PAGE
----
The Essay Exam
When you are called on to write an essay
in response to an exam question, you will no doubt need to adjust the process
you usually employ. You will have to make decisions about your writing
quickly.Your primary purpose should be to make clear that you understand
the most important points about the material and that you support your
assertions in a logical and coherent way. You can write successful exams
if you plan and prepare ahead of time.
Resist the urge to read the question quickly and begin writing quickly.
Taking a few minutes to plan will
save you time in the long run. Your fisrt step should be to read the question carefully. One useful strategy
is to underline the verbs. Look for words such as compare, contrast, explain, analyze, define, and categorize,
among others. You should also look for words like cause and effect. Unless you are sure that you understand
what the question is asking, you cannot write an acceptable answer.
Consider the point value of the question and figure out how much time you
should spend responding to it.
For example, a 20 point question would not require as thorough an answer as a 50 point one, and you would
not want to spend more than twenty percent of your time on it. If you haven't written as much as you would
like at the end of that time, leave space to return to the question if you have time later. But you should answer
other questions first.
Quickly write down the main points you want to make and the order in which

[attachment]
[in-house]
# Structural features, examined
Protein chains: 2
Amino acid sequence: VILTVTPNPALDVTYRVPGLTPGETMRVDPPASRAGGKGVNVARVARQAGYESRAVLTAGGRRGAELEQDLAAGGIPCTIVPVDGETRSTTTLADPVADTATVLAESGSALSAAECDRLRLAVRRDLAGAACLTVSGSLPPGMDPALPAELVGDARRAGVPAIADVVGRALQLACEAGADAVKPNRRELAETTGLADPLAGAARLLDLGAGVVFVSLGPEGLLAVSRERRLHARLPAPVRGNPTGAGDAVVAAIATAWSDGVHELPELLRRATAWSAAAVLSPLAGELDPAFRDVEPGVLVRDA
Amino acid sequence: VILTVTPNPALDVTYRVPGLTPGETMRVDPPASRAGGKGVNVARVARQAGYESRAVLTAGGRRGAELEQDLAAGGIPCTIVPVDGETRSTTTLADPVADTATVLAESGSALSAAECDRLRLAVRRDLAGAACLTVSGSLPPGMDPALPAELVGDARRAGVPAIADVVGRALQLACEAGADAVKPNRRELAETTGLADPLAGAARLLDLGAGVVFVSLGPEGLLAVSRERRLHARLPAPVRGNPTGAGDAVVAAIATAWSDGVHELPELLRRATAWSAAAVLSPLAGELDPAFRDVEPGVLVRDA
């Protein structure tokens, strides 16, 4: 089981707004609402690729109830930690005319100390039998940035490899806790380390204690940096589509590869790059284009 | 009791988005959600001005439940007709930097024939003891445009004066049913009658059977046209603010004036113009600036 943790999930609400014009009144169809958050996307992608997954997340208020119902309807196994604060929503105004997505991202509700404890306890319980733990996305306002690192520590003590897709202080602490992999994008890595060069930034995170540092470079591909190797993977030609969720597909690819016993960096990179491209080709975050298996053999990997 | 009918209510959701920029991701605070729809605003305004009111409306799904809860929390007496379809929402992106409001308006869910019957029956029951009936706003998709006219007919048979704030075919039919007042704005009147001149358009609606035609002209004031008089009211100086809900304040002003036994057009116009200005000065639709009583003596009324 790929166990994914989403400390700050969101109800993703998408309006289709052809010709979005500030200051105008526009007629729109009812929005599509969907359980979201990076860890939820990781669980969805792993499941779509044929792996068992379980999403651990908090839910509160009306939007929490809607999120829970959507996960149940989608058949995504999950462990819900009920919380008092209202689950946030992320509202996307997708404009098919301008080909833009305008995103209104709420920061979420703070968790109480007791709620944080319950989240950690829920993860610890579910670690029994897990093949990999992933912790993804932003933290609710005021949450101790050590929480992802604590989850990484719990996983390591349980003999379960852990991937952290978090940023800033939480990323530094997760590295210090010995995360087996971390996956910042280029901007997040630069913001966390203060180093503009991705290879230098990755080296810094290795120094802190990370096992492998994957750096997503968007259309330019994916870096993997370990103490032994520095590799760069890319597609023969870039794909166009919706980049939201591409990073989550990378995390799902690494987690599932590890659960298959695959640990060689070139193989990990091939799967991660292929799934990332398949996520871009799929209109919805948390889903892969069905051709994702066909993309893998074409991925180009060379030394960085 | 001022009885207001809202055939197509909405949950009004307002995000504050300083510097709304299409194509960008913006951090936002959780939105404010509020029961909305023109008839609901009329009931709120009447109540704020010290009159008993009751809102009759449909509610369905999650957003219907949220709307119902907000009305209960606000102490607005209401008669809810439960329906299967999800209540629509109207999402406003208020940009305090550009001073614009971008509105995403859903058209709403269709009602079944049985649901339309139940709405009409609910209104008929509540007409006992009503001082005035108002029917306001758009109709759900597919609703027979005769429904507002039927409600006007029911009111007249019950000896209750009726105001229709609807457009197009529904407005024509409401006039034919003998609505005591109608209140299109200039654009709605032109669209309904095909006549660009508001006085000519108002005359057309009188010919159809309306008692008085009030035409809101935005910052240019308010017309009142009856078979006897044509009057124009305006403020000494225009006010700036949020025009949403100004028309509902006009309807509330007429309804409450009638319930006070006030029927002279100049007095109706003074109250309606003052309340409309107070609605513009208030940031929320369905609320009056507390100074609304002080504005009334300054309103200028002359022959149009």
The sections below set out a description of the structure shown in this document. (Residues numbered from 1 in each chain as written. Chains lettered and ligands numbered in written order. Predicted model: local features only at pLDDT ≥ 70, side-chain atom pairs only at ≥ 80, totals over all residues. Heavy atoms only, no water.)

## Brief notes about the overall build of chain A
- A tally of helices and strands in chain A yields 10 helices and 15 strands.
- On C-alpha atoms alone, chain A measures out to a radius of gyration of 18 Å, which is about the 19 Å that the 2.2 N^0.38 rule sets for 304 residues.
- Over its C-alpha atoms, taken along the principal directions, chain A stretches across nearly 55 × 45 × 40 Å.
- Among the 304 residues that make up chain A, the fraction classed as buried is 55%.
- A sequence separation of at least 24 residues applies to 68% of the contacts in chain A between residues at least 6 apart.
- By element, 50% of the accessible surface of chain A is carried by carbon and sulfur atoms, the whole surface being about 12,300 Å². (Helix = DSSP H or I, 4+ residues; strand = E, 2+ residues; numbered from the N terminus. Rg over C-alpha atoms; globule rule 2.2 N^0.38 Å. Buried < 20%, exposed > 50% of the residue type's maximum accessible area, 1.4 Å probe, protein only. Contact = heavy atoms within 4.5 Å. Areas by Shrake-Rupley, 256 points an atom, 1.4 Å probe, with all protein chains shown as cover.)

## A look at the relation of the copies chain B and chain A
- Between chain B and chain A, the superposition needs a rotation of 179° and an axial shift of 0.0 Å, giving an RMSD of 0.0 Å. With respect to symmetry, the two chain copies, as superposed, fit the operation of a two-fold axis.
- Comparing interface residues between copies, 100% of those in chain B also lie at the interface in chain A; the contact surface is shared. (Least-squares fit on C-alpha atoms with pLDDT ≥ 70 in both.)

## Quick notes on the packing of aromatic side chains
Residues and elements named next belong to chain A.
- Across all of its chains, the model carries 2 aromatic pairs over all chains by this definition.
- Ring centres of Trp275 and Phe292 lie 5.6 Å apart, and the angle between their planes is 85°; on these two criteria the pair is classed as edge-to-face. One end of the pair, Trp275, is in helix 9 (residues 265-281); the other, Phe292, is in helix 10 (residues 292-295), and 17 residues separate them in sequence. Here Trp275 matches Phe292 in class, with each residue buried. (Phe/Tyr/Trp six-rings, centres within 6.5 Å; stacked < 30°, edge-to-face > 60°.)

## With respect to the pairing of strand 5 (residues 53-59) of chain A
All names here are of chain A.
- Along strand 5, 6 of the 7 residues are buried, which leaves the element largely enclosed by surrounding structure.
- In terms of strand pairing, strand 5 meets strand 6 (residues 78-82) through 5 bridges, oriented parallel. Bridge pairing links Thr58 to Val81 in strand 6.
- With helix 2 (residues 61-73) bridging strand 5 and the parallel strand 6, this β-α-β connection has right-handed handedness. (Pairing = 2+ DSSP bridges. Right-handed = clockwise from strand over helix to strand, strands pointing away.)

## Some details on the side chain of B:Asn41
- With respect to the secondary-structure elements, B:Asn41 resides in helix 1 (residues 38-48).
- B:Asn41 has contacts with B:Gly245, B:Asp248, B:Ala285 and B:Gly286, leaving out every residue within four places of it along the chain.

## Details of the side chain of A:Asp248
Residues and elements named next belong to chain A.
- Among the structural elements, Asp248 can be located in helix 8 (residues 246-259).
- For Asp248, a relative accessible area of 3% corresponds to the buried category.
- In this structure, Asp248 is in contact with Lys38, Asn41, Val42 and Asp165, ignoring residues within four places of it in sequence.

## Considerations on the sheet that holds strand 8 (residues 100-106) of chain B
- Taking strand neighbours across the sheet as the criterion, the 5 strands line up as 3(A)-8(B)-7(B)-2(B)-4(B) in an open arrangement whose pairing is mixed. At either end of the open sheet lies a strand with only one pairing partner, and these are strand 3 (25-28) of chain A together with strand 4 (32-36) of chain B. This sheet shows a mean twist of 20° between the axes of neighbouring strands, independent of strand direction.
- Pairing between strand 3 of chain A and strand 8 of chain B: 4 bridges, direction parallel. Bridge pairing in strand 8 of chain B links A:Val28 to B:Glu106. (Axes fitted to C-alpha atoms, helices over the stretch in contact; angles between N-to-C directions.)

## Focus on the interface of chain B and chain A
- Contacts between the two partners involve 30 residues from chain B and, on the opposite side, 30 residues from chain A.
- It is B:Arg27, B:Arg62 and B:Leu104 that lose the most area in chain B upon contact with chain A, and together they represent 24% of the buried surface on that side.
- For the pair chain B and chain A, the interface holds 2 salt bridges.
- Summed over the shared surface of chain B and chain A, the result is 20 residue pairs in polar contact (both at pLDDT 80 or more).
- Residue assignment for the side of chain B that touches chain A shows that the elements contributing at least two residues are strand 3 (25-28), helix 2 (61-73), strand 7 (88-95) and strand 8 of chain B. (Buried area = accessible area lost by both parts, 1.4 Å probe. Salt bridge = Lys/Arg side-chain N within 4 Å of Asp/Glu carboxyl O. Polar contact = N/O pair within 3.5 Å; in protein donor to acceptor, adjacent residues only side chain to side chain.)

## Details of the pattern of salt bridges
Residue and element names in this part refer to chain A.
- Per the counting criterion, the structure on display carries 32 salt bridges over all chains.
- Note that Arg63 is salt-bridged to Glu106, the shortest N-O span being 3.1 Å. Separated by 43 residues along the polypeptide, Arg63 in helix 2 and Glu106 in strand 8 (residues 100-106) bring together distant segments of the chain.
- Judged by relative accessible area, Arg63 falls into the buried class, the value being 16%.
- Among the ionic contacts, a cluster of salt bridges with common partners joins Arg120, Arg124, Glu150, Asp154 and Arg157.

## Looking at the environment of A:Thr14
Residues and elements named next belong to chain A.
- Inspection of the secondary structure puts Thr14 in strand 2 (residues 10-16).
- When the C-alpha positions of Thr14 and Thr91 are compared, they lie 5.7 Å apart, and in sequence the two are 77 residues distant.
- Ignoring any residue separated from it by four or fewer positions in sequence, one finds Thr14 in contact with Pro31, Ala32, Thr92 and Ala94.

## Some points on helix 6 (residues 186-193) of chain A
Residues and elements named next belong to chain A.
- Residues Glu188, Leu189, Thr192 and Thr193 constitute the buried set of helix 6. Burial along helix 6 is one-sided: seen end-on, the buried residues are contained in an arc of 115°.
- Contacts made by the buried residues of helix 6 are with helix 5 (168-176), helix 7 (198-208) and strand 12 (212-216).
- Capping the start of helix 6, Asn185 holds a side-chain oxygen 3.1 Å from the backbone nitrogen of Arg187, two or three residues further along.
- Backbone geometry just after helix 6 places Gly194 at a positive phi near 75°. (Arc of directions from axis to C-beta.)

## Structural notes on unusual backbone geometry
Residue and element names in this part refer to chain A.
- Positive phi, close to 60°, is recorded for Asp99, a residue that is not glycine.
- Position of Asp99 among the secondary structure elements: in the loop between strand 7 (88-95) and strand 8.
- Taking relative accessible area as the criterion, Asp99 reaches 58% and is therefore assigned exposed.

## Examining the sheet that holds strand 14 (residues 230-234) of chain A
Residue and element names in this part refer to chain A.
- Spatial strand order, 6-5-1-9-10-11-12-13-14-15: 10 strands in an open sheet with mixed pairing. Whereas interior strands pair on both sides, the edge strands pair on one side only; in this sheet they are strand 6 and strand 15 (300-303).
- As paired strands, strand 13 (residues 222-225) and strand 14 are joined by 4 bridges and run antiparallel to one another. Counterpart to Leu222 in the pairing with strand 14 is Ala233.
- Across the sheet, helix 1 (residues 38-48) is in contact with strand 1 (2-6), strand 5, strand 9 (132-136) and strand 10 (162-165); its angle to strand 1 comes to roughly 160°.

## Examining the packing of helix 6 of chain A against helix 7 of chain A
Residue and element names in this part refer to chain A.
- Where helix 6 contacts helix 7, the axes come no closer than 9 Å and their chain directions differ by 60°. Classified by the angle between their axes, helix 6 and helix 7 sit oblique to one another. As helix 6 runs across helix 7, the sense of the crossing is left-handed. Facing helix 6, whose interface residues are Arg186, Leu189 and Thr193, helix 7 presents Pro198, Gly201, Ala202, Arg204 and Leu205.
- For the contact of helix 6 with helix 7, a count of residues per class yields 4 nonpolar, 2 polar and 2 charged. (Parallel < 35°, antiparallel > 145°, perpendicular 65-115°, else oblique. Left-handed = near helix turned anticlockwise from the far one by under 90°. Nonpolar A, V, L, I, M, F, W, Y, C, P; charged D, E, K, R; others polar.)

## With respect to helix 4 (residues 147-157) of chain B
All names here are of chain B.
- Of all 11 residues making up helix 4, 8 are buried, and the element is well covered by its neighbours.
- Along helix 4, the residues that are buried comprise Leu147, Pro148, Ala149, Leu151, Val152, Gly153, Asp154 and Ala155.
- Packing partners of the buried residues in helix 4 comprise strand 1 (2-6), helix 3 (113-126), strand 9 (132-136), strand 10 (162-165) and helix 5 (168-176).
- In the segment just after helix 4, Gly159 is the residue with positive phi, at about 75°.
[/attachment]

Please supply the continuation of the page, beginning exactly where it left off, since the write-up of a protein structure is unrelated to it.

you want to make them. Then
check to make sure they respond to what the question asks. Having even a basic plan will help you to avoid
leaving out essential information.
State your thesis in the opening paragraph. Not all essays must follow
this convention, but this is not the place
to be creative with organization. If your thesis provides a basic answer to the question and outlines your main
points, you will establish the credibility of your answer from the very beginning.
Stay focused on the main points. Tangential material is of no use in a
timed essay; it simply limits the time you
have to say something substantial about the subject of the question.
State your ideas, even complicated ones, as directly as possible:
Make a clear assertion about a main point.
Support that assertion with examples, explanations, definitions, analyses, comparisons, whatever evidence
from the assigned material will show that the assertion is a valid one.
Comment about how the assertion and evidence relate to the thesis.
If you have time, read your essay, looking for major problems with consistency
and coherence. Don't try to edit
for minor sentence-level mechanical problems. Your do not have time to address minor points of grammar and
mechanics. Major ones might distract from your answers, but this is not the place to try to address those.